Google Ad Manager: FTW!

It doesn't seem like there are a lot of .NET developers out there who build their own stuff for their own sites, and if there are, they don't blog. But I know they're out there!

So if you have your own sites, and they're primarily a content endeavor, then you know that managing advertising is kind of a pain. There's the ad network chaining, and then things get crazy when all of a sudden you sell some campaigns on your own. Suddenly you need some way to deliver those ads, and the options have been to either roll your own solution, rent some service or buy software.

All of those solutions have a down side, especially in terms of cost. I first built my own solution circa 2005, and even put out a very rough beta of it. That's as far as it went. It didn't have any significant reporting, but it did deliver ads pretty well with frequency capping and what not. It wasn't a retail-ready product, but it was serving me well enough.

But it couldn't geo-target, do really sweet reporting and it was never tested beyond a handful of campaigns at a time. I looked into buying a third-party product, or using services, but they were all way too expensive for the volume I was doing. So my solution has been serving since then, mostly mixing remnant ads from various networks.

Along comes Google and they start offering Google Ad Manager. I've used some of the online services before, which vary from usable (the old old pre-Google DoubleClick) to downright horrible (Atlas), as well as some of the purchased products (most expensive of which was Open AdStream, also purchased back in the day). I've also used the publisher default management of everyone from Federated Media (awesome) to Burst and Casale (decent) to Tribal Fusion and ValueClick (sub-optimal). I've seen more ad platforms than any one person should, and the only one that did what I really wanted was my own, if you don't count the lack of reporting.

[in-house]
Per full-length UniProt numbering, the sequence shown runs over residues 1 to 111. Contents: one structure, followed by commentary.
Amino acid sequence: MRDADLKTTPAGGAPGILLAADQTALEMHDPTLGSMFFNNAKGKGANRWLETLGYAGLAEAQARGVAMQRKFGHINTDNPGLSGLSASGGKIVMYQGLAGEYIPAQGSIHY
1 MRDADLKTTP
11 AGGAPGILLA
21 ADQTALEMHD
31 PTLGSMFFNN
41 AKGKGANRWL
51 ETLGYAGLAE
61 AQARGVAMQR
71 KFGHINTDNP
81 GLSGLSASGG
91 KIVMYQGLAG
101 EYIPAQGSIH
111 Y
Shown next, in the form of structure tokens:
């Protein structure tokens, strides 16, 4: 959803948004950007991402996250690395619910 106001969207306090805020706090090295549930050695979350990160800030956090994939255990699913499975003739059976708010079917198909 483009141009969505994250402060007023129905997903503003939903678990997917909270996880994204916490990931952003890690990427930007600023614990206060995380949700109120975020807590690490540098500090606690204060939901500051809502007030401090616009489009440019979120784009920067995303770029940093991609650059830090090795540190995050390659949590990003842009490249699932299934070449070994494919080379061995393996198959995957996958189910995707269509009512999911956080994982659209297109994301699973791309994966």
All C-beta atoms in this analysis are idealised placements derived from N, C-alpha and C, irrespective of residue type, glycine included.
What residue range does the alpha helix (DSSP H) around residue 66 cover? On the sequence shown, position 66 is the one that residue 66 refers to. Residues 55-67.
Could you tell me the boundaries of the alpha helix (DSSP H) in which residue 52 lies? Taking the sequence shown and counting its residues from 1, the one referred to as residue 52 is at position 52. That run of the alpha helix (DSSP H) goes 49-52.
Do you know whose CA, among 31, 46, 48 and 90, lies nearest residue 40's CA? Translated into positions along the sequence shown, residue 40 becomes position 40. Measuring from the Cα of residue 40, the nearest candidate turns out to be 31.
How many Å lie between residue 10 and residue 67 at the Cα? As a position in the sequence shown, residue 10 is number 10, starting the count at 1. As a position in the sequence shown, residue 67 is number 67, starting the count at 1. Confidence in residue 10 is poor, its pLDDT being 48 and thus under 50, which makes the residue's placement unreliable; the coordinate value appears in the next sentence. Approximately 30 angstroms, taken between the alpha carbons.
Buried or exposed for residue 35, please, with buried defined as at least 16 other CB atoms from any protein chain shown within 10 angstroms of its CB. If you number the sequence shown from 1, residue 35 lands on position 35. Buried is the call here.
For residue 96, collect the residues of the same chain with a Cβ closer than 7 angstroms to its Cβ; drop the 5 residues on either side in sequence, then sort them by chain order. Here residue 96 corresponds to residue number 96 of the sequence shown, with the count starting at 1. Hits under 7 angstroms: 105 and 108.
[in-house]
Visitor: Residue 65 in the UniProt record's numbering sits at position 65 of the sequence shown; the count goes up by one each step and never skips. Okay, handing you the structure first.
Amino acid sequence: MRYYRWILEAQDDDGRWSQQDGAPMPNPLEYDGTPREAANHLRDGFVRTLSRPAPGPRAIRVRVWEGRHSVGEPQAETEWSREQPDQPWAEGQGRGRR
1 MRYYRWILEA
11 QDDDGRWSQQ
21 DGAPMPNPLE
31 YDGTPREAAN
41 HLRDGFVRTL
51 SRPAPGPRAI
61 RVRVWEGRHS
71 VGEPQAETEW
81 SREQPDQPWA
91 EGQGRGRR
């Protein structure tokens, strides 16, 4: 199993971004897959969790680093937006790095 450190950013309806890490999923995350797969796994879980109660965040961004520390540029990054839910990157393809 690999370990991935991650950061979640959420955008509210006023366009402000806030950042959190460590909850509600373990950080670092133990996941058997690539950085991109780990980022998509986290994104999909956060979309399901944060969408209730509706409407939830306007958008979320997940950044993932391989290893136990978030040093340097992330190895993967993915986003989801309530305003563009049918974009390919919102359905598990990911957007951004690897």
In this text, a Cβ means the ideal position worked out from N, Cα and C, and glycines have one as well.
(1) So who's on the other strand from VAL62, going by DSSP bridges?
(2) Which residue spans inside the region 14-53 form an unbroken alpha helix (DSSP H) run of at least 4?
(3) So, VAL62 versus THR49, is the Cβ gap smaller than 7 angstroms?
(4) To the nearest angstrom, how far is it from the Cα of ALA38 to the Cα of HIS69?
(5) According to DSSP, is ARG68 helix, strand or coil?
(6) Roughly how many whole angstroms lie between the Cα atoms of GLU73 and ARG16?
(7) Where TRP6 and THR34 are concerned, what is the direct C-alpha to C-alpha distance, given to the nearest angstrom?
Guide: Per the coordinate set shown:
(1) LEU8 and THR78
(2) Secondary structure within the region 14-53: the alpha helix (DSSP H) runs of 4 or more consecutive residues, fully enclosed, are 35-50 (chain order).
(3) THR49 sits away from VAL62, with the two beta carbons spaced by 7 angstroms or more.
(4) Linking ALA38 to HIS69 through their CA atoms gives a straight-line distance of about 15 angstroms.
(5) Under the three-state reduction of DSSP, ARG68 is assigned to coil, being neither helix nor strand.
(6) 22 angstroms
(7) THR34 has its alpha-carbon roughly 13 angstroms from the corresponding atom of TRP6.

"GAM," as they call it in the video and WebEx, makes sense. From the set up perspective, it has "slots" that are the physical postion of ads, and placements, which in turn can be any combination of slots. It's a many-to-many relationship. So you can group various slots together to form units that correspond to sites, sections or whatever. These can be further combined into products, which are optional, but an easy way to package a frequent or common buy. The UI around these might be a little confusing at first, but once watch their video clips, it makes sense.

To put ads into these slots, you create an order. An order basically is just a name and flight dates. Order have line items, which indicate a delivery priority (more on that in a moment), the cost type (CPM, CPC, CPD), targeting, frequency caps, and most importantly, the placements where the ads will go. At that point, you can upload Flash or image creative, third-party HTML/script, etc. It will match creative sizes to the available placement sizes.